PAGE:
Today’s Headlines: The FDA-Approved Head Injury Test, Why Crossing Your Legs is Bad for You, and How Often You Should Get Mammograms

The FDA has approved the ImPACT test. The ImPACT test stands for Immediate Post-Concussion Assessment Cognitive Testing which is the first cognitive test of its kind to be approved. “ImPACT is intended for individuals aged 12 to 59 while ImPACT Pediatric was designed for patients aged 5 to 11. The devices are not intended to diagnose concussion, but are meant to test cognitive skills such as word memory, reaction time and word recognition. Results are compared to an age-matched control database of 17,000 cases or to a patient’s pre-injury baseline scores, if available.” The ImPACT program can be downloaded and taken on a computer. (Fox)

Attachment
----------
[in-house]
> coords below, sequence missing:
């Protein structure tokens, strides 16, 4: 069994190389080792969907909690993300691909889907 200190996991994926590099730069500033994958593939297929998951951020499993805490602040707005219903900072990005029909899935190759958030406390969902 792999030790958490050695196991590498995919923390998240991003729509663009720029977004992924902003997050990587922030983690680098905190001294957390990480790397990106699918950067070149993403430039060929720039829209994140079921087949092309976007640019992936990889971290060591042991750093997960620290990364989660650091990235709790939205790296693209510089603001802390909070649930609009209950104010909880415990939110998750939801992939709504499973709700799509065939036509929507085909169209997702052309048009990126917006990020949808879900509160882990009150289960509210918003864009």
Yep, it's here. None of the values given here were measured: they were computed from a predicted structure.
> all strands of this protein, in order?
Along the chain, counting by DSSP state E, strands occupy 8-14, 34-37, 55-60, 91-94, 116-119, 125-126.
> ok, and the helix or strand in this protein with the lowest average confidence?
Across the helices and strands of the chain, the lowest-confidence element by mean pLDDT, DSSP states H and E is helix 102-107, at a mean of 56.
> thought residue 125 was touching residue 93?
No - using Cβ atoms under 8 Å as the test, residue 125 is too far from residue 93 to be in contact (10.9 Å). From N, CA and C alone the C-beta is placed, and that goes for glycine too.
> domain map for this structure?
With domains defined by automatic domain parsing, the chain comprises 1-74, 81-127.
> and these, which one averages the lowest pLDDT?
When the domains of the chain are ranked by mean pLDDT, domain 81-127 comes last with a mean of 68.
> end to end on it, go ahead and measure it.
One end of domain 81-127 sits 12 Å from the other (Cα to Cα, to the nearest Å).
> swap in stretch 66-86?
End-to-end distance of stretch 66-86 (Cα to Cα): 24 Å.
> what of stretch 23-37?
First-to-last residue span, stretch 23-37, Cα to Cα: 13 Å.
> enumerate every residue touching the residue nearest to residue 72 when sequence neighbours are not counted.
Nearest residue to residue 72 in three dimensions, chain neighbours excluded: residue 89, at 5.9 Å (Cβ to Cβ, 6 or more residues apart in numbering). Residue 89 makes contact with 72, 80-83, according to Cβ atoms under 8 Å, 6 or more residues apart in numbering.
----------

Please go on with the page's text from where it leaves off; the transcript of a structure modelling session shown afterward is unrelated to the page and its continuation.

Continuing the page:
Sitting cross-legged may be hurting you. Many people don’t know that the crossed-leg position is an unnatural way to sit. According to Dr. Naresh Rao from NYU Langone Medical Center, crossing your legs “is not a nice ergonomic position for your pelvis…The top knee puts pressure on the lower knee, while the pelvis is rotated and strained. The knees are at an unnaturally twisted angle, and you also hunch the lower back, giving it a little bit of torque.” Dr. Rao doesn’t think that alternating which leg you cross makes the situation any better and believes extended cross legging can lead to back problems and other issues. (WSJ)

Women with dense breast tissue might need to get mammograms more frequently. Roughly one percent of women between the ages of 50 and 74 have dense breast tissue, which could increase the risk for breast cancer. “The research recommends that women older than 50 with dense breast tissue who have higher-than-normal risk of developing breast cancer should get annual mammograms. Many women, however, could go as long as three years between mammograms without increasing their risk of death from breast cancer, the study found.” The general recommendation for mammograms is every two years, although this suggested time frame may change based on a woman’s low or high risk density. Researchers recommend speaking with your physician to determine the screening time that is best for you. (LA Times)